I wrote about Canada's wonderful airline, Westjet, a couple of weeks ago. Good news for those of us south of the border. They have now announced plans to add service to Los Angeles, Fort Lauderdale and Orlando in the fall, and will add Phoenix and Palm Springs in winter.
I write a lot about airlines; here's a quick update on the cruise industry. Royal Caribbean reported 2003 net earnings of $280.7 million, down from the $351.3 million in 2002. Gross revenue increased by 10.2% due to more ships and increased shipboard revenues (yes, those drinks keep getting more expensive) while lower fares (also due to more ships) contributed to the decline in income. Cruise vacations are a tremendous bargain at present.
The count-down to the first A380 super-jumbo flight continues (expected next year). China has now announced it will upgrade the runway at Shanghai Airport to have it ready for A380s by the end of this year.
Something new from Virgin Atlantic Airways. Not content with in-flight massages, they are now bringing an in-flight meditation program to their planes. A series of 'meditative journeys' will be programmed into the audio systems.
Personally, I think the best thing about a VS flight is the bar in their Upper Class cabin - I'd rather meditate, propped on a bar stool, and gazing into a glass of whisky!
Avian Flu - this year's SARS? Hopefully not. Although the WHO has advised that Avian Flu is spreading so quickly that no part of Asia is safe, the real danger is not so much in what it is, as what it could become. Currently, humans can catch Avian Flu from birds, but not from other humans.
The danger is that an infected person may be simultaneously infected with regular flu, such that the two virii mutate to form a highly contagious and very virulent new strain. What are the chances that this might happen? Hard to say, but obviously, the fewer people that get infected with Avian Flu, the lower the chances. Here's a helpful Q&A on Avian Flu.
I've written about VoIP telephones as a replacement for normal telephones; here and here. Market leader Vonage reports that they have doubled their customer base in less than five months, and now have over 100,000 subscribers. They hope to pass the quarter million mark by the end of the year. If you have broadband internet into your home or business, this is a technology you should consider. But my preferred service comes not from Vonage but from Packet 8 (the second of the two services I review in the links above). Better technical service and lower rates.
'I'm from Microsoft and I'm here to help you'? Microsoft has jumped on the 'anti-spam' bandwagon, and are proposing a new way of controlling spam, making people that send email 'pay' for each email. The payment would either be in the form of a computer processing delay, or, instead, real cash (but probably only a small cost per email). Sound like a good idea? Beware of wolves in sheep's clothing! You can bet that any system Microsoft is proposing that involves money changing hands will inevitably have the larger part of each financial transaction flowing to Microsoft!
Free email has revolutionized all our lives. This newsletter you're reading now would not be possible if either of us had to pay for every issue. And I'd be less likely to send out super fare alerts if that meant that either you or I had to pay for the extra email.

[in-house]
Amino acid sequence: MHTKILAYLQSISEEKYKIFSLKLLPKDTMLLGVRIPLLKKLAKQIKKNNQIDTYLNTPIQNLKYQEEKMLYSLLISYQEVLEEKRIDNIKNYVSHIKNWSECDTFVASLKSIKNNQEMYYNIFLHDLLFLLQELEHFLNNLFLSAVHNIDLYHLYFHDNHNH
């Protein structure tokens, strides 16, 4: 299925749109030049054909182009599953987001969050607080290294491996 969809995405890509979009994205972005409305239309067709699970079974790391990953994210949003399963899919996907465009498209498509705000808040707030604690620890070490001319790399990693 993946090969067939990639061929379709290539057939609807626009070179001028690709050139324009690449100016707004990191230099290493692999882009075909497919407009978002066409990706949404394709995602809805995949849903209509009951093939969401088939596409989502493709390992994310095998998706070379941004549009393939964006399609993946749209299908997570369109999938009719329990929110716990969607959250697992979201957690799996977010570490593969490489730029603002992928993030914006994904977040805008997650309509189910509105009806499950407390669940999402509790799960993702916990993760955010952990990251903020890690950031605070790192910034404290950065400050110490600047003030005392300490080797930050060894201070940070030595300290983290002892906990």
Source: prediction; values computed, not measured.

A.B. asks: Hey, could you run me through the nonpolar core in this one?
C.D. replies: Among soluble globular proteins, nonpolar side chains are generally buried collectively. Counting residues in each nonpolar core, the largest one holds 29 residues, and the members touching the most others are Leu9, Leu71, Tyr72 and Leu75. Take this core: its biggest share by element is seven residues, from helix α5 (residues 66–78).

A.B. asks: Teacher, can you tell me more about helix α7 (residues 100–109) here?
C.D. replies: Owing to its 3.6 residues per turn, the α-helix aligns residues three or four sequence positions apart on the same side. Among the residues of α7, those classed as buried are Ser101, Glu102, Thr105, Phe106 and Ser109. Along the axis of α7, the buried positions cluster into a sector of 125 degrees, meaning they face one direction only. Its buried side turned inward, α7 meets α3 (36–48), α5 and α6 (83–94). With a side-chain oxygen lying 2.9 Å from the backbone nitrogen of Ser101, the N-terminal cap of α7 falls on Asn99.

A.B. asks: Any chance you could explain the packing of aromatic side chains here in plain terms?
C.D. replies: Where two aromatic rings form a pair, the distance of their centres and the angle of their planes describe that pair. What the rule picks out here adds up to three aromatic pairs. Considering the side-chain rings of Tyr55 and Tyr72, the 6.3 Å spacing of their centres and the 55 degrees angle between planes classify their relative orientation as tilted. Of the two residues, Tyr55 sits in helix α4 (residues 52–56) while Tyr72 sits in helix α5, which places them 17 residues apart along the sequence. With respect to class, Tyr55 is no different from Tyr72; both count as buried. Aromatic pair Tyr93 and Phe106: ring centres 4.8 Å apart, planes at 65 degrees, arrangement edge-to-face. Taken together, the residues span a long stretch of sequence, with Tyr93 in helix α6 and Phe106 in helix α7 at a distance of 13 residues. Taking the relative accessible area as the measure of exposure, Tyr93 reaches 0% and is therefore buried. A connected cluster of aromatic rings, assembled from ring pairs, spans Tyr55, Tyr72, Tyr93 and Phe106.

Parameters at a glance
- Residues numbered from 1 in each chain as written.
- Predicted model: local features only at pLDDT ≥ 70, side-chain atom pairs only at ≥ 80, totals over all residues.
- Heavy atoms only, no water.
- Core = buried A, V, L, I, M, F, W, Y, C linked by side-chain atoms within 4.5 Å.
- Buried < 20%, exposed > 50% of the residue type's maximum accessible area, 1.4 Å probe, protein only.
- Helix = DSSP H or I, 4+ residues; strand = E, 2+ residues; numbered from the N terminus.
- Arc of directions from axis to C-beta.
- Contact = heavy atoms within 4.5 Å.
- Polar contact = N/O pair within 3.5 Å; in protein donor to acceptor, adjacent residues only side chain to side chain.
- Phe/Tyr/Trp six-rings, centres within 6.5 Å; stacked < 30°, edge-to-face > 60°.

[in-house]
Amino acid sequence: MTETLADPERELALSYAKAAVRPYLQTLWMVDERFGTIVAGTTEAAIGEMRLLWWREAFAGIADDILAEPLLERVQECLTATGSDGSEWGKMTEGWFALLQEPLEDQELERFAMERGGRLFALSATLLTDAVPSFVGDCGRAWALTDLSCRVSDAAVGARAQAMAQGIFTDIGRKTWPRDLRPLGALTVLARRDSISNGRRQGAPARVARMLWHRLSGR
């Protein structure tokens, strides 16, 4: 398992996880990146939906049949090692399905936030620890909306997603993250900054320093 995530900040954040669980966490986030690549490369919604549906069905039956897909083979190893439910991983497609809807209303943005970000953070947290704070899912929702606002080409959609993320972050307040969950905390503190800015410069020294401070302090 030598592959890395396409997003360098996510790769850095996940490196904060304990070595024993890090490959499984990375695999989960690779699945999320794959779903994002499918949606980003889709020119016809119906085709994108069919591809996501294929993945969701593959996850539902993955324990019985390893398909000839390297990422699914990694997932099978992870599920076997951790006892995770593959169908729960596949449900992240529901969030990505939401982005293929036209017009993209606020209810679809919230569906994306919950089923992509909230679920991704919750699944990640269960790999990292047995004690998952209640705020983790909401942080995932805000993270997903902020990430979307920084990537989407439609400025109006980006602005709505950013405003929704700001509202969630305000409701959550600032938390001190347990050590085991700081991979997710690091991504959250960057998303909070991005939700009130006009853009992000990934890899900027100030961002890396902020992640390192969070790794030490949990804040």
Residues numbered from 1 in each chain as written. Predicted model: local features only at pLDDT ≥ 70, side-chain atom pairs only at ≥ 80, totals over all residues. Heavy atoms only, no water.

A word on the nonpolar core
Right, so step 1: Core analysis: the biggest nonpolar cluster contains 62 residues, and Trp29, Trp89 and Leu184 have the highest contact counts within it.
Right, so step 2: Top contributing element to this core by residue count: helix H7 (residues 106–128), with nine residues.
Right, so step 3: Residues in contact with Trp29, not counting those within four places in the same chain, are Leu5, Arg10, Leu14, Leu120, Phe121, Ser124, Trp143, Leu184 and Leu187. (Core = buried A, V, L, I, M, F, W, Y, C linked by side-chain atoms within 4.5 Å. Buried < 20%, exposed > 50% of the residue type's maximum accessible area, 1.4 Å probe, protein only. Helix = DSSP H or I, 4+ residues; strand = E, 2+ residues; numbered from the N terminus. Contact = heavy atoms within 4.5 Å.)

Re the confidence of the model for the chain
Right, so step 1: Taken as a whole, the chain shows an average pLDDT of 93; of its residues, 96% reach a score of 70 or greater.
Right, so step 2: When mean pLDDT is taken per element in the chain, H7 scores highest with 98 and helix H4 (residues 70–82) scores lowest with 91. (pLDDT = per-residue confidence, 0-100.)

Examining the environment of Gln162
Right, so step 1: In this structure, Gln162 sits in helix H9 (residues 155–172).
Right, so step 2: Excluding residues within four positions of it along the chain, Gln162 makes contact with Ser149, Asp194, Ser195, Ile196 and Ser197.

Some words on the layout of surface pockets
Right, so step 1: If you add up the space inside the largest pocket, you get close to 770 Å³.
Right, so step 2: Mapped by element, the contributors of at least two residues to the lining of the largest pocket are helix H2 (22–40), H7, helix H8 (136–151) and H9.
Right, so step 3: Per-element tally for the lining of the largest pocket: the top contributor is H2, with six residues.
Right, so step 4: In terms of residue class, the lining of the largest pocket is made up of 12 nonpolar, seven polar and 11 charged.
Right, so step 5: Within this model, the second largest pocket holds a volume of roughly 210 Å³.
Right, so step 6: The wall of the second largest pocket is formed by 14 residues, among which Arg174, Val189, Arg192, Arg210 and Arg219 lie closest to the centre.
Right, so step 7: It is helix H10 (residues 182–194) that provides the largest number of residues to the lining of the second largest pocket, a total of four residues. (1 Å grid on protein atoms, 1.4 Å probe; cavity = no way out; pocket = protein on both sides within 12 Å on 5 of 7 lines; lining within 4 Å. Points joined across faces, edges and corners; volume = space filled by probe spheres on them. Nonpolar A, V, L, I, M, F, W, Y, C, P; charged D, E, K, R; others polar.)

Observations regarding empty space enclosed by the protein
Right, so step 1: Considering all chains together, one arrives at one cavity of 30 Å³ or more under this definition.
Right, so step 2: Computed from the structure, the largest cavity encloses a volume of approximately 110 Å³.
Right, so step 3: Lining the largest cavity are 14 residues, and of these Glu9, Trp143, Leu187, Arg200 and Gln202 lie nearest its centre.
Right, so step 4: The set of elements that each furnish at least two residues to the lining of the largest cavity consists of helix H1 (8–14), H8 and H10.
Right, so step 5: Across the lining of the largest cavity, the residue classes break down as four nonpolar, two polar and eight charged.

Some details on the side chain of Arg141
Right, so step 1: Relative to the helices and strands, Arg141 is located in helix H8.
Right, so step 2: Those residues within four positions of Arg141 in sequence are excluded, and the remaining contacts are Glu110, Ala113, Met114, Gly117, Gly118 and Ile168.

Don't let Microsoft take over and control email, the same way it has taken over and now controls operating systems and so many other parts of our computing world. Microsoft's spam 'cure' would most definitely be worse than the ailment. Instead, insist that the federal government now enforce its new 'Can Spam' law that makes most of the spam we all receive now illegal.
This Week's Security Horror Story : Airport screeners in Albuquerque pulled aside the passengers aboard Sen. John Edwards' chartered campaign plane over the weekend for extensive searches, causing the Democratic presidential candidate to arrive in Oklahoma City an hour late for a campaign stop.
The senator willingly surrendered what federal screeners described as a "corkscrew with a knife on it," and TV crews accompanying the candidate gave up several small tools they carry for aligning their equipment. I wonder how private charter planes can operate without corkscrews - one suspects that fine wine is an essential part of their flight experience!
Perhaps we should all hope that Sen Edwards becomes our new president, now that he has had a first hand experience of the mindlessness of airport security. And, should he become a frequent passenger in Air Force One, I'm sure he'll be allowed free use of a corkscrew once more.
Here's an interesting and amusing story of the FBI at work, leaving no stone unturned in tracking down potential terrorists. The, ahem, Jewish immigrant fortunately managed to convince them that he did not fit the typical profile of an al Qaeda operative!
You know that if you have a problem going through an airport screening point, you can always ask to speak to a supervisor, don't you. And, hopefully, the supervisor will be better trained and more sensible than the front line person giving you the problem. Not so, at least, not if you're going through Seattle's airport, where a petition signed by 206 of the 1100 TSA employees there claims, amongst other things, that employees have paid bribes to be improperly promoted. Details here.
Thanks to reader Joel for sending in this article that exposes mammoth problems with the TSA and air marshal programs. Very unsettling.
Here's an interesting article about the debut of new train service between Adelaide and Darwin. That's a train I definitely want to go for a ride on.
And here's an article about how the train was greeted, upon arriving into Darwin at the completion of its first journey. They do things differently in Australia.
Lastly, many of us love the Fawlty Towers tv series. Here's a story that indicates the spirit of Basil Fawlty lives on, not in Torquay, where Fawlty Towers was set, but just a short distance away in Newquay.
Until next week, please enjoy safe travels
David M Rowell aka The Travel Insider
An archive of
previous emailed newsletters can be found here